The National Institute of Advanced Industrial Science and Technology (AIST) recently developed a surprisingly attractive solid-oxide fuel cell (SOFC). The sugar cube-sized SOFC, which is made up of 25 needle-like modules measuring 0.8 mm, packs a serious punch due to a high ratio of electrode area to volume. And since small size means a small heat capacity, the module also has a low operating temperature.
While other SOFC’s operate between 700 and 1,000° C, AIST’s module works at only 500° C. The fuel cell’s low absolute value of thermal expansion also means a quick start-up time of five minutes or less.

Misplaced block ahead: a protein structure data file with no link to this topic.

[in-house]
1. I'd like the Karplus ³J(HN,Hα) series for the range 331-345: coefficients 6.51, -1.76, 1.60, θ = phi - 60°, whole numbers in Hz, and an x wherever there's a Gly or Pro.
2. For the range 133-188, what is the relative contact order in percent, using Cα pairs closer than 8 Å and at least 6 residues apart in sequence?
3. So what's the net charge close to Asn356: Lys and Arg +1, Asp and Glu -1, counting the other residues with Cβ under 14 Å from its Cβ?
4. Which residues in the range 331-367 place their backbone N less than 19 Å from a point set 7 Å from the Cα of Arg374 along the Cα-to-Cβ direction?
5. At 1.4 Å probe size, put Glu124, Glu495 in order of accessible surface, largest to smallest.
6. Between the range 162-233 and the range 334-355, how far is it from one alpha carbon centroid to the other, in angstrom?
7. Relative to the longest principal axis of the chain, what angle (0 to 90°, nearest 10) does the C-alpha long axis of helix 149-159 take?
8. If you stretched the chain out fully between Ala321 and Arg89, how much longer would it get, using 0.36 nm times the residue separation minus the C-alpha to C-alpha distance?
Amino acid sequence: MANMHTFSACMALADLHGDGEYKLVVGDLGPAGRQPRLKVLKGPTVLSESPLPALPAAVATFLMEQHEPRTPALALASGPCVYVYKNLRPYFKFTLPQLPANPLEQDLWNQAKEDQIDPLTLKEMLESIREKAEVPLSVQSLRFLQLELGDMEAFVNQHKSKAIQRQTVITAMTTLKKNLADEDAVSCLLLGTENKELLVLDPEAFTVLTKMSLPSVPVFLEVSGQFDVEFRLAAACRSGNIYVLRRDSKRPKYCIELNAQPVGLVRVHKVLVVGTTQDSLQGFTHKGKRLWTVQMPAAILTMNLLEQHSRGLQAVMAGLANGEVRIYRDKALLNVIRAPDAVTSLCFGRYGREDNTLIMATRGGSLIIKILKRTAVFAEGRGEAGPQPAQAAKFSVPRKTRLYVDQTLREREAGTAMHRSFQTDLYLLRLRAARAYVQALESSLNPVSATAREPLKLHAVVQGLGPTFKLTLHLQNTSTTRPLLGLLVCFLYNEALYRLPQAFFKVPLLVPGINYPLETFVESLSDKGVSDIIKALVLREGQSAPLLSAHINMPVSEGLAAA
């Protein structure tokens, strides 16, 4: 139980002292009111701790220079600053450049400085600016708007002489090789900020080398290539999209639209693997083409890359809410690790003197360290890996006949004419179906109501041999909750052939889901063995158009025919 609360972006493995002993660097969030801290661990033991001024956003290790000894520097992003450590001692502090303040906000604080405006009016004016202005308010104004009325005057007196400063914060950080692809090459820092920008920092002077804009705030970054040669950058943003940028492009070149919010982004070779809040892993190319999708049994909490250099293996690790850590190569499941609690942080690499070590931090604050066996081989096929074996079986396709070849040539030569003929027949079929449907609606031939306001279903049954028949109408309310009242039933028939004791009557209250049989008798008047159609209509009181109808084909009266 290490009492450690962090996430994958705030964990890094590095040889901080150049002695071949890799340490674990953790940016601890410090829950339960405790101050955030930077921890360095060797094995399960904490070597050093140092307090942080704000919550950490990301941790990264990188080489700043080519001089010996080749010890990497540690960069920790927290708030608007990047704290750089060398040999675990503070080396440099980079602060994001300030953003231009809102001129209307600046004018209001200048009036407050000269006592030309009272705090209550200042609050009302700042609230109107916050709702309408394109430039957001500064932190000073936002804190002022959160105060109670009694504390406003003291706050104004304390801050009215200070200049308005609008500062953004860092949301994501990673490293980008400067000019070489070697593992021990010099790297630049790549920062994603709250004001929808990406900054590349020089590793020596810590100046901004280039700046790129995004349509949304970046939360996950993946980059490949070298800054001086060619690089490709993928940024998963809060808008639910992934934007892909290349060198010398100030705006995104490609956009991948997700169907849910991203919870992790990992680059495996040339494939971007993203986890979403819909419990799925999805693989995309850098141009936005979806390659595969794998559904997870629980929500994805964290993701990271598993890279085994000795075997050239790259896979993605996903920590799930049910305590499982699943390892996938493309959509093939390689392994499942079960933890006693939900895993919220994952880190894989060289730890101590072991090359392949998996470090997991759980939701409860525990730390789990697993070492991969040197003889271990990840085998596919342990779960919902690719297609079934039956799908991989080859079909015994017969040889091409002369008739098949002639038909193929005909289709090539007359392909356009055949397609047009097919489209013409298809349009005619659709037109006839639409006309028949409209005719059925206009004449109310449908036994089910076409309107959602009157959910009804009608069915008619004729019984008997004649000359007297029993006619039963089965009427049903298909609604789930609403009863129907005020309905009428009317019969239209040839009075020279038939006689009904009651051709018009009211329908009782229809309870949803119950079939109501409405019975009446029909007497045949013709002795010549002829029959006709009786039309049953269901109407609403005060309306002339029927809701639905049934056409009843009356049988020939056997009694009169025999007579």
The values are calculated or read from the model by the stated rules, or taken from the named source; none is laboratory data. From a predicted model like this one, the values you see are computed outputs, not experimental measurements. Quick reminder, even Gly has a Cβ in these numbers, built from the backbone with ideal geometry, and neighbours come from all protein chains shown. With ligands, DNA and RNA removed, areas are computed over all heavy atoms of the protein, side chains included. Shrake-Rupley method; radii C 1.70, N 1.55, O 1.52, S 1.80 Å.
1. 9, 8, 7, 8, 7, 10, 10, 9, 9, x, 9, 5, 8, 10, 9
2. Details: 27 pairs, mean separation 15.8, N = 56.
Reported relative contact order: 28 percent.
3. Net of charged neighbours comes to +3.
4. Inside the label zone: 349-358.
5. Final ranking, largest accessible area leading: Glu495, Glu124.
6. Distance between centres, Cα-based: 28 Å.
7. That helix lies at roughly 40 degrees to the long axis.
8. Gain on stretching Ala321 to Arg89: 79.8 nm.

The new SOFC will likely be used by automotive CPUs, but could one day provide power to fuel cell vehicles. AIST’s mini-fuel cell is currently on display at the 2009 International Nanotechnology Exhibition and Conference in Tokyo, Japan.
Photo Credit: TechOn!
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